Although it’s usually a day off for schools, the days leading up to the Martin Luther King, Jr. holiday are a wonderful opportunity for students to learn about him. Although he lived a very short life, Martin Luther King accomplished many great things. His birthday is a fantastic way to introduce Black history to your class and will hopefully inspire year-long study. Here are nine Martin Luther King activities you can do with your students to help them learn about this extraordinary man and the reason we honor him on the third Monday of every January.
Create a timeline.
The Montgomery Bus Boycott is considered an early and pivotal moment of the Civil Rights Movement. The year-long protest of the segregation of public buses in Montgomery, Alabama, made King, who was selected to be the boycott’s spokesperson, a national figure. After King, Rosa Parks, and the countless other activists and everyday citizens won their fight against segregation, many other landmarks would soon follow.
Identify several key moments from either King’s life or the Civil Rights Movement. As a class, correctly order those moments on a timeline. Then, assign small groups of students an event to research and briefly share with the class what happened and what they learned.
Some key moments to include:
- January 15, 1929: Born in Atlanta (students could include information about his family, as both King’s mother and father were well-respected figures)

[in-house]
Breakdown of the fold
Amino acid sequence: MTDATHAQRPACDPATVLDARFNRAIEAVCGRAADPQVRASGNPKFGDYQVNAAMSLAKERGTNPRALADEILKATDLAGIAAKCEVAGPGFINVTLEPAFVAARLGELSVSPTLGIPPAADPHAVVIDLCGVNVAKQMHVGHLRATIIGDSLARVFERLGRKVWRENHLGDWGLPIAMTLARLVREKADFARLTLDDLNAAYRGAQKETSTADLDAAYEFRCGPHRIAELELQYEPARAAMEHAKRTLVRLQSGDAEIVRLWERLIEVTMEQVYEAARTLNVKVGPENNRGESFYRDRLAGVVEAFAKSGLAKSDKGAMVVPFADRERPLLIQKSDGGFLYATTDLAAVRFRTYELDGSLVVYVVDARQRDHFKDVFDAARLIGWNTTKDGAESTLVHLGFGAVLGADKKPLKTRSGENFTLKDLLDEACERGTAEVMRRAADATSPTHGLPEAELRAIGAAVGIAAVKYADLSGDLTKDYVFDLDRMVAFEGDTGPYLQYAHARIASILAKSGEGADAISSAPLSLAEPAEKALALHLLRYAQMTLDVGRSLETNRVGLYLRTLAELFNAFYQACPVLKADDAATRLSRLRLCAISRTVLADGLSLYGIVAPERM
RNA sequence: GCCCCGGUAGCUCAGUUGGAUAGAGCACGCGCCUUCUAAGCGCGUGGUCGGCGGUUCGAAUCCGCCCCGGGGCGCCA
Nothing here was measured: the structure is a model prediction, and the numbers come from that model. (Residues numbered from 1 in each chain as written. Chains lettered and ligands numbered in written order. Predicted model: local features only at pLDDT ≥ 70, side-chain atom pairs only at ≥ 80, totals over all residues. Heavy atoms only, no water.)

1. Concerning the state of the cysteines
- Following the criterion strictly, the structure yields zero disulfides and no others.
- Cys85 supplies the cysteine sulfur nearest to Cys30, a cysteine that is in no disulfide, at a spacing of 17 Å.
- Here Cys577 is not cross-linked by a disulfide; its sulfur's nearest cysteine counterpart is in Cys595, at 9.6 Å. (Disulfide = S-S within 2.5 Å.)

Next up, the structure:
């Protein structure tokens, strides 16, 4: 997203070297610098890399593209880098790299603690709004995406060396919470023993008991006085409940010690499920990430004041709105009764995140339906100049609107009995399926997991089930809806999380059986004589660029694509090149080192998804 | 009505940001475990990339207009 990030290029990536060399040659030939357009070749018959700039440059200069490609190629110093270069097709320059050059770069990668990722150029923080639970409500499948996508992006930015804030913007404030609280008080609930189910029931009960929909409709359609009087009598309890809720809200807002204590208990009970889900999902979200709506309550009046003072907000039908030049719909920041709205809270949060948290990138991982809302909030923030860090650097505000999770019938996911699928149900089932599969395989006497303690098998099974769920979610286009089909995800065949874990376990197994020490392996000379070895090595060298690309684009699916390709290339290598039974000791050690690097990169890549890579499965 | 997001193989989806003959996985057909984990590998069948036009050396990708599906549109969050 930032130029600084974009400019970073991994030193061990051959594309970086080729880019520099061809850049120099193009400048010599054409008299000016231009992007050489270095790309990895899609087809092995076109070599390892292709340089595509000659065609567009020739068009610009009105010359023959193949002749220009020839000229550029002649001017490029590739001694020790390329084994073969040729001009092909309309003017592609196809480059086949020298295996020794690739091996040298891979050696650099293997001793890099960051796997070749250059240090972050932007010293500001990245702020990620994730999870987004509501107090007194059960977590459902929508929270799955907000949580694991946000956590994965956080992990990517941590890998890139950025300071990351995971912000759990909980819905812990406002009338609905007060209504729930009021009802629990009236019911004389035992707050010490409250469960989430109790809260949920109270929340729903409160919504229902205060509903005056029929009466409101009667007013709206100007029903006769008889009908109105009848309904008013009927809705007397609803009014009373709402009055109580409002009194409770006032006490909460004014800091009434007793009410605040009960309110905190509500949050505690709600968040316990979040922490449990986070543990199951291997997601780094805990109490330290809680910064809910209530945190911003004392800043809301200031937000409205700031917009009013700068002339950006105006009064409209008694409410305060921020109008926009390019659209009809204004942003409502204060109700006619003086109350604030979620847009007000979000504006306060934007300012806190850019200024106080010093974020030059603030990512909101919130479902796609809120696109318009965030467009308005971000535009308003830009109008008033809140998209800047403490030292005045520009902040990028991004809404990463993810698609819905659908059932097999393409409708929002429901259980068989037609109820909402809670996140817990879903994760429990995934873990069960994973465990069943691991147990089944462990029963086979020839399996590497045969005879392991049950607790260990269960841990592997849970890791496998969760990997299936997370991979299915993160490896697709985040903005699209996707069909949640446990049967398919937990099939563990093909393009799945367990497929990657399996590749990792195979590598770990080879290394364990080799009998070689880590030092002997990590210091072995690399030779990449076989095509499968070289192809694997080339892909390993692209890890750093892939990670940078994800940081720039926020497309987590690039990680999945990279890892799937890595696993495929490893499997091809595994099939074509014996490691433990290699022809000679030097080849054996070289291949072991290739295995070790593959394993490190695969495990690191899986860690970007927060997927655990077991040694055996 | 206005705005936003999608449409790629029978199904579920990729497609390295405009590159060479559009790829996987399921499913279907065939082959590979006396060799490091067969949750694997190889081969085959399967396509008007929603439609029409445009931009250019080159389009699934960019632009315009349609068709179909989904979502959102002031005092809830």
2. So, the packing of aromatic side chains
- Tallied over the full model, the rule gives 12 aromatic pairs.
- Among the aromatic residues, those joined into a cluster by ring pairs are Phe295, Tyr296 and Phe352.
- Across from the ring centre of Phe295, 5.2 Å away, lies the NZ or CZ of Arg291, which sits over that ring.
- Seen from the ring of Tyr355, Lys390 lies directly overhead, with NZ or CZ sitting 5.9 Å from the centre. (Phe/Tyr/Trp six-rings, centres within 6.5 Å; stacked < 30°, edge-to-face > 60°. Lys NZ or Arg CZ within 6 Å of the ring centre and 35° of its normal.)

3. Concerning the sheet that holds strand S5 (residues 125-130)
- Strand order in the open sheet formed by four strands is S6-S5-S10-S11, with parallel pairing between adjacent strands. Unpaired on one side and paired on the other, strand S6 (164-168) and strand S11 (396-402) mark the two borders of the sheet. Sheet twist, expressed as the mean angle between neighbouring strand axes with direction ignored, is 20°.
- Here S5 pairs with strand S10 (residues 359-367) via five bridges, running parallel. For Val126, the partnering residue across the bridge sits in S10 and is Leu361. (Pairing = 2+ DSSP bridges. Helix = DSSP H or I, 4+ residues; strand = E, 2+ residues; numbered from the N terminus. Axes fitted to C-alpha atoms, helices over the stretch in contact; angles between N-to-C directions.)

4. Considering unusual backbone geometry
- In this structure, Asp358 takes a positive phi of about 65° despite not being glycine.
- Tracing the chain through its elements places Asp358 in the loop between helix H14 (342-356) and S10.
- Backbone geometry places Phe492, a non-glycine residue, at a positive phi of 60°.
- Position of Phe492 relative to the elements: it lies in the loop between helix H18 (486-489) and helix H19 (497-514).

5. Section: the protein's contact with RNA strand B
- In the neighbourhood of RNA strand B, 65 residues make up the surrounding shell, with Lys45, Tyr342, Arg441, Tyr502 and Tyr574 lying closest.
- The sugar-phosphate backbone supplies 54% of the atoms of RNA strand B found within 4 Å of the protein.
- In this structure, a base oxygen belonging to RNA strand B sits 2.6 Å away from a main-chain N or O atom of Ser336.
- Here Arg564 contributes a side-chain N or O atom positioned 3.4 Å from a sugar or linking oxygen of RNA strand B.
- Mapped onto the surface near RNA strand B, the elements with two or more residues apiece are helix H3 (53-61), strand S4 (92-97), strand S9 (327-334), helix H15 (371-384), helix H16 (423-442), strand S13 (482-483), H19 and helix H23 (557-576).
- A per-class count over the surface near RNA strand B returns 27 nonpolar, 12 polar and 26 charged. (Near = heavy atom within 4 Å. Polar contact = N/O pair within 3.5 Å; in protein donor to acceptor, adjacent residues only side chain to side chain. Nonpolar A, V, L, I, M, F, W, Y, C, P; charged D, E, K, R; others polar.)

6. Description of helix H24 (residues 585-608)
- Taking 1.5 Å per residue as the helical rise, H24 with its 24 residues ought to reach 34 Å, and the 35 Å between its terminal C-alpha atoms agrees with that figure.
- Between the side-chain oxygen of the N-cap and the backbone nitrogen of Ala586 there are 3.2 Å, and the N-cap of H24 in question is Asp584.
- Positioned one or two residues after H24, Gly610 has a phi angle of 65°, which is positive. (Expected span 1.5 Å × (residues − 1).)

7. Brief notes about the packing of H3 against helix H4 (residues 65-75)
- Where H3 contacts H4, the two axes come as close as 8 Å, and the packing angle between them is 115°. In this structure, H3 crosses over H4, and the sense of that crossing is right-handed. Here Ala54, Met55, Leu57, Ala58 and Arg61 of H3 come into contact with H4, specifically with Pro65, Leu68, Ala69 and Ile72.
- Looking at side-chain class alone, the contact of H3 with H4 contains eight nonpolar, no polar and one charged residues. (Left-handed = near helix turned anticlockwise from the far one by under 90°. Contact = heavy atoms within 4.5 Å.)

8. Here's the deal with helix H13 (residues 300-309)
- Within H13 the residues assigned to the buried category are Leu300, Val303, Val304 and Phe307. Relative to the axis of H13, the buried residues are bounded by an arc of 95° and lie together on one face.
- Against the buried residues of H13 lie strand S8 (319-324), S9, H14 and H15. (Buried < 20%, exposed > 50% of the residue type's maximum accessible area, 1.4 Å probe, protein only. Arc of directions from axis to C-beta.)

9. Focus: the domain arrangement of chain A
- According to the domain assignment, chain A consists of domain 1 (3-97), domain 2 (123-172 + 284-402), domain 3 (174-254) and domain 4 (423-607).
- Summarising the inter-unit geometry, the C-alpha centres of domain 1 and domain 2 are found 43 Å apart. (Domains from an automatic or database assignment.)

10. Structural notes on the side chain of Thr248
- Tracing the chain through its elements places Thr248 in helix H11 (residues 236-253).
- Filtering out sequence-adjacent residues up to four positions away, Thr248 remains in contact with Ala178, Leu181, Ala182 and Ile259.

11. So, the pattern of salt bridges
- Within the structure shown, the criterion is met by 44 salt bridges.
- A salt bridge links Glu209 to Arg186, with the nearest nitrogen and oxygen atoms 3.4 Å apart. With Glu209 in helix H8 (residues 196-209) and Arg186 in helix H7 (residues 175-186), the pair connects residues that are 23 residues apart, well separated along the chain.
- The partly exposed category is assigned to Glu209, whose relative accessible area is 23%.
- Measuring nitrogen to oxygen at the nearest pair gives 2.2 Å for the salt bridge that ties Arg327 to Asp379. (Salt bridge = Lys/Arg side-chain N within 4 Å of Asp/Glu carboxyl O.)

- June 1953: Marriage to Coretta Scott
- February 1959: Five-week trip to India to meet with Ghandi
- August 1963: The March on Washington
- 1964: Awarded the Nobel Peace Prize
- March 1965: Selma march to Montgomery
- August 1965: Signing of the Voting Rights Act
- April 1968: Assassinated in Memphis
- November 1983: Establishment of the King holiday
- August 2011: Opening of the Martin Luther King, Jr. Memorial in Washington, D.C.
As an added lesson, pull out a map and mark the places where these events occurred.
Learn about pacifism and and the philosophy of nonviolent resistance.
Along with Ghandi, Martin Luther King is one of the world’s most notable pacifists. Nonviolent resistance was at the core of King’s civil rights efforts, for which he was awarded the Nobel Peace Prize in 1964. King’s six principles of nonviolence and six principles for nonviolent direct action are a great way to introduce students to the concept.
Have students read King’s “Letter from Birmingham Jail” and talk about the pros and cons of nonviolent resistance. Or as a class identify several current injustices or issues and discuss ways that nonviolent strategy might address them.
Younger students might work together to identify words associated with nonviolence and then select several words to design their own peace jigsaw puzzle.
Let Martin’s great words inspire art.
King was a very compelling and persuasive speaker. And many of his words remain inspiring and relevant today. Choose several of King’s quotes to share with your class. Have students create art—a picture, a comic strip, etc.—inspired by a King quote of their choosing. As students work, play one of King’s speeches. After students have finished, ask them identify the quote they chose and explain how their art reflects it.